Sustainability key to economic viability of packaging companies, says report

A major shift took place among packaging companies that attended Pack Expo 2019 versus those that attended in 2018: Sustainability moved “head and shoulders” above all other topics. That analysis comes from CIBC World Markets, a Toronto-based investment banking subsidiary of the Canadian Imperial Bank of Commerce. Competition, labor availability, capital, M&A, resin pricing and even the economic outlook were all subordinate to sustainability, reported CIBC.

sustainable business

“Sustainability will also play a significant role in the consolidation of the highly fragmented packaging industry: Smaller companies without sufficient scale and financial resources to invest in product development and marketing may look to join larger packaging outfits or risk being left behind,” said the report.

Takeaways from a packaging M&A conference in Chicago, hosted by AWA Alexander Watson Associates, also cited sustainability as becoming a "table-stakes" issue, according to CIBC. “Sustainability is now the most important topic throughout the packaging value chain, reaching from the materials supplier to the converter to brand-owner customer through to the end-use customer,” said CIBC. It’s also a hot topic in every packaging company boardroom.

While single-use plastic (SUP) packaging is taking hits from all quarters, it is not under immediate threat of being completely obliterated. “We won’t dispute that single-use plastics do not constitute a growth market. However, intelligent plastic packaging will continue to have its place,” said CIBC. “Compared to other packaging materials, plastic offers superior product protection/safety, [a better] life-cycle carbon footprint (including transportability because of smaller size and lighter weight) and consumer convenience.”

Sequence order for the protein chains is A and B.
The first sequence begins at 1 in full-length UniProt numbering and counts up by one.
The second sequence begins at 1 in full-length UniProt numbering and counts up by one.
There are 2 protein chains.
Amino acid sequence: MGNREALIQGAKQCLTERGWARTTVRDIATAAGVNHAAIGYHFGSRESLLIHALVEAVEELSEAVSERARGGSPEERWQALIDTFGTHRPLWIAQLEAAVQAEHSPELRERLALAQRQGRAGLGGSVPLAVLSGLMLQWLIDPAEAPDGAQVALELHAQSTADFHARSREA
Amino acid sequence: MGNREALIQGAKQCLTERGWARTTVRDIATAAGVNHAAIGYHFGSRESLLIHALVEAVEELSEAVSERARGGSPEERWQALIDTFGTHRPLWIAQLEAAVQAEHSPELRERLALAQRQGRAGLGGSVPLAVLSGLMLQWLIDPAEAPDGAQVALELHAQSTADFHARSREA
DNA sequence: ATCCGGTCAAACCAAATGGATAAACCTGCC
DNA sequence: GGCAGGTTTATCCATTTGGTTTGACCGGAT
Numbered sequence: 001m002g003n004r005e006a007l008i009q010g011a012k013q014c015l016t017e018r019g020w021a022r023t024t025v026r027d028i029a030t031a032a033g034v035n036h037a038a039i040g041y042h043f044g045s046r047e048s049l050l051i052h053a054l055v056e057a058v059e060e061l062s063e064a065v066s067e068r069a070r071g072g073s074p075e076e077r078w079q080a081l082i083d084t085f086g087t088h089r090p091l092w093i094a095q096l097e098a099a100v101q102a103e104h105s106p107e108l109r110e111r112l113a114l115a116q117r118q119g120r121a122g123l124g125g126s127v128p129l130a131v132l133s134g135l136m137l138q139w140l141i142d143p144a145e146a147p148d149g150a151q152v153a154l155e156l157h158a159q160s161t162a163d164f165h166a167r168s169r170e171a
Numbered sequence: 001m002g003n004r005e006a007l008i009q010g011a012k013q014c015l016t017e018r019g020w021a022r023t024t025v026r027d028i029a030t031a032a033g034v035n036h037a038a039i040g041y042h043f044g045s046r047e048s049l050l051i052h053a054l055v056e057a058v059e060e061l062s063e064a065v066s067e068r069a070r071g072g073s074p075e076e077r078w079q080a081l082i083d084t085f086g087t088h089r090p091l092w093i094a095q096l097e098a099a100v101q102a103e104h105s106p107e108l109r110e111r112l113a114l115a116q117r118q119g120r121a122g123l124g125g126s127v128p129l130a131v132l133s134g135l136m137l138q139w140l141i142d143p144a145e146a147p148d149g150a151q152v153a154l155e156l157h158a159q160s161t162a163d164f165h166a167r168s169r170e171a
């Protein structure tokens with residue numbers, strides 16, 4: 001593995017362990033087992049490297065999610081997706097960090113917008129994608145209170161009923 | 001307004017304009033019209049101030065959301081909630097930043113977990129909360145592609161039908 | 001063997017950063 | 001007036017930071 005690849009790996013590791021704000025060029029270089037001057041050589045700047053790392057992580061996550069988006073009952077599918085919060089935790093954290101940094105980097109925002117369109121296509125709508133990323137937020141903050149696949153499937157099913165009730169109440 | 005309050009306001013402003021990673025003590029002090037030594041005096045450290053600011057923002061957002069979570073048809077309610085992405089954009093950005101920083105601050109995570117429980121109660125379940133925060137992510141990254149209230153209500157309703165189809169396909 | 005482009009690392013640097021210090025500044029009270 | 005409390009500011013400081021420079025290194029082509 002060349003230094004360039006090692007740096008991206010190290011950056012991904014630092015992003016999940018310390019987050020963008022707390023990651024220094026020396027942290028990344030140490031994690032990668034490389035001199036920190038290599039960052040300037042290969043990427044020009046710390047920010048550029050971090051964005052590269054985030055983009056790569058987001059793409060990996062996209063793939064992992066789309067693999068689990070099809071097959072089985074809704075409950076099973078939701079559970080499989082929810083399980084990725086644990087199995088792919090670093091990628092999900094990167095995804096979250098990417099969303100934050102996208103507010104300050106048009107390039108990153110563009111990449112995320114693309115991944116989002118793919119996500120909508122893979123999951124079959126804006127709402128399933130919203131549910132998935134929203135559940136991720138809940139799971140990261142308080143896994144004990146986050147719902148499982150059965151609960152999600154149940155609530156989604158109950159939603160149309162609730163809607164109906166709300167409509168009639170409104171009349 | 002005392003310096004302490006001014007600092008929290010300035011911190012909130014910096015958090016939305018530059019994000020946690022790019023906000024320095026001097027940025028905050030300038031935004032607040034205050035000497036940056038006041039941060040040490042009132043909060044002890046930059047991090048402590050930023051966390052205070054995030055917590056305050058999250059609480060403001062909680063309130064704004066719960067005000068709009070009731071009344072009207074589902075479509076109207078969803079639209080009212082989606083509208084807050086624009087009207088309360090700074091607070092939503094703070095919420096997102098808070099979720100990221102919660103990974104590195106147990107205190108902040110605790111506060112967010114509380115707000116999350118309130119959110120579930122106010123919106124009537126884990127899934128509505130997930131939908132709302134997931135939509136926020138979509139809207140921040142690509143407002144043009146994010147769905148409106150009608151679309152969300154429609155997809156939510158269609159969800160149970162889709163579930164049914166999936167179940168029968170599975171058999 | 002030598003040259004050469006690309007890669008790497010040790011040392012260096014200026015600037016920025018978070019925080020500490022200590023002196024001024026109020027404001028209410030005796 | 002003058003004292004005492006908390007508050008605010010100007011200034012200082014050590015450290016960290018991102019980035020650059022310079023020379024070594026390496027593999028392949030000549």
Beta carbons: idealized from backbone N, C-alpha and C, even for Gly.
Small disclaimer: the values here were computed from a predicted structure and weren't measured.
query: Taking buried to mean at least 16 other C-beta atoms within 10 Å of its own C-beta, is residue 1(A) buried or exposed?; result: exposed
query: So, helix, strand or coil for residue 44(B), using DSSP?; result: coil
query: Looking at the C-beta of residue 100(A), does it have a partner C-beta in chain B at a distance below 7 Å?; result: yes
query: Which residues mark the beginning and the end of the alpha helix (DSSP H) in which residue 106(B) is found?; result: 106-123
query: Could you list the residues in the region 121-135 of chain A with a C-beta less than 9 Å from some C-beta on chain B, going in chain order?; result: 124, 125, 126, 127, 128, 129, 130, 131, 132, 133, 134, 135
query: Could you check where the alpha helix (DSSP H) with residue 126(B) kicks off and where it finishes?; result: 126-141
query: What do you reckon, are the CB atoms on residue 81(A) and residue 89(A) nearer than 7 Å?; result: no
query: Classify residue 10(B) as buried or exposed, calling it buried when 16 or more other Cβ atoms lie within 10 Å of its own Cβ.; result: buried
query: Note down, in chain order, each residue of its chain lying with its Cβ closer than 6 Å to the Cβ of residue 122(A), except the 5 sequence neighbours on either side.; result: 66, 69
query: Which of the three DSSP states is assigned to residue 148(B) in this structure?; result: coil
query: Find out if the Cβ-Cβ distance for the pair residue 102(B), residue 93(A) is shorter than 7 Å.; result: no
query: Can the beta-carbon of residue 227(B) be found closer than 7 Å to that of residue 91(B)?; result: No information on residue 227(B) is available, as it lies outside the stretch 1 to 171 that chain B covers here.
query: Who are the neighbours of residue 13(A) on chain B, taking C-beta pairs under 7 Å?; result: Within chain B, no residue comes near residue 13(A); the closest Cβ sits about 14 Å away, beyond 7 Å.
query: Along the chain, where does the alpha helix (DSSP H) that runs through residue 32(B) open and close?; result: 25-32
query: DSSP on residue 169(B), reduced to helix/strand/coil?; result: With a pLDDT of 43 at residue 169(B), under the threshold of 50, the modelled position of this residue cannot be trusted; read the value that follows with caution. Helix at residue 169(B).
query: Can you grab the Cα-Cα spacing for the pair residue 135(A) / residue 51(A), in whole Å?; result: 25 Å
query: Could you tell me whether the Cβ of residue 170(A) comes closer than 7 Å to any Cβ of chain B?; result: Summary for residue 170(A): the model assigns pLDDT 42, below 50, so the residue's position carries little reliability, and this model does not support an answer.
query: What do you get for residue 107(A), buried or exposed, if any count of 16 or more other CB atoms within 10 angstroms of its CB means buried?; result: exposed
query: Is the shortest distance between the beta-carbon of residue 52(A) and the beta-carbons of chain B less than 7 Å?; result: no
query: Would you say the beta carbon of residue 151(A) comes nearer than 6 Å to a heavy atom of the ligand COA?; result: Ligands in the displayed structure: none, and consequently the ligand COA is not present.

That said, it doesn’t mean that SUPs won’t have sustainability challenges, including technical issues related to product safety and health considerations; substitute and competing technologies; the higher cost associated with sustainable packaging initiatives; and changing consumer behaviors, including a shift in mindset to one that is more driven by data and economic viability, said the report.

Sustainability will also impact M&A activity. “Simply put, we see the required investment in R&D and manufacturing equipment as a factor that will incentivize smaller companies to sell,” said CIBC. “From the buyer’s perspective, a target’s sustainability positioning will materially influence valuation.”

In the short term, the impact on valuations may not be great as the economy continues to chug along and capital, both private and public, remains available, explained CIBC. “However, a deteriorating macro picture should eventually cause packaging company valuations to recede from the current 8 to 11X EV/EBITDA multiple range,” noted CIBC. It suspects that the balance between buyers (based on capital availability, motivation to deploy and risk appetite) vs. sellers (competitive positioning, company size and ability to finance sustainability measures) will be skewed in the buyer's favor. The combined macro/sustainability outlook suggests packaging companies will need greater scale and financial resources in order to compete.”

Some sustainability perspectives were offered on CIBC’s names under coverage.

CCL Industries’ efforts as a label converter “are largely process-focused” that will reduce its carbon footprint in product transportation, reducing production waste and increasing the use of recyclable materials. Because CCL, like most label converters, must meet the demands of customers in terms of technical requirements and materials specs, the function of the label within the packaging structure is “primarily decorative, informative and regulatory.” Additionally, CCL “is limited in its ability to determine or influence the sustainability level of its products.”

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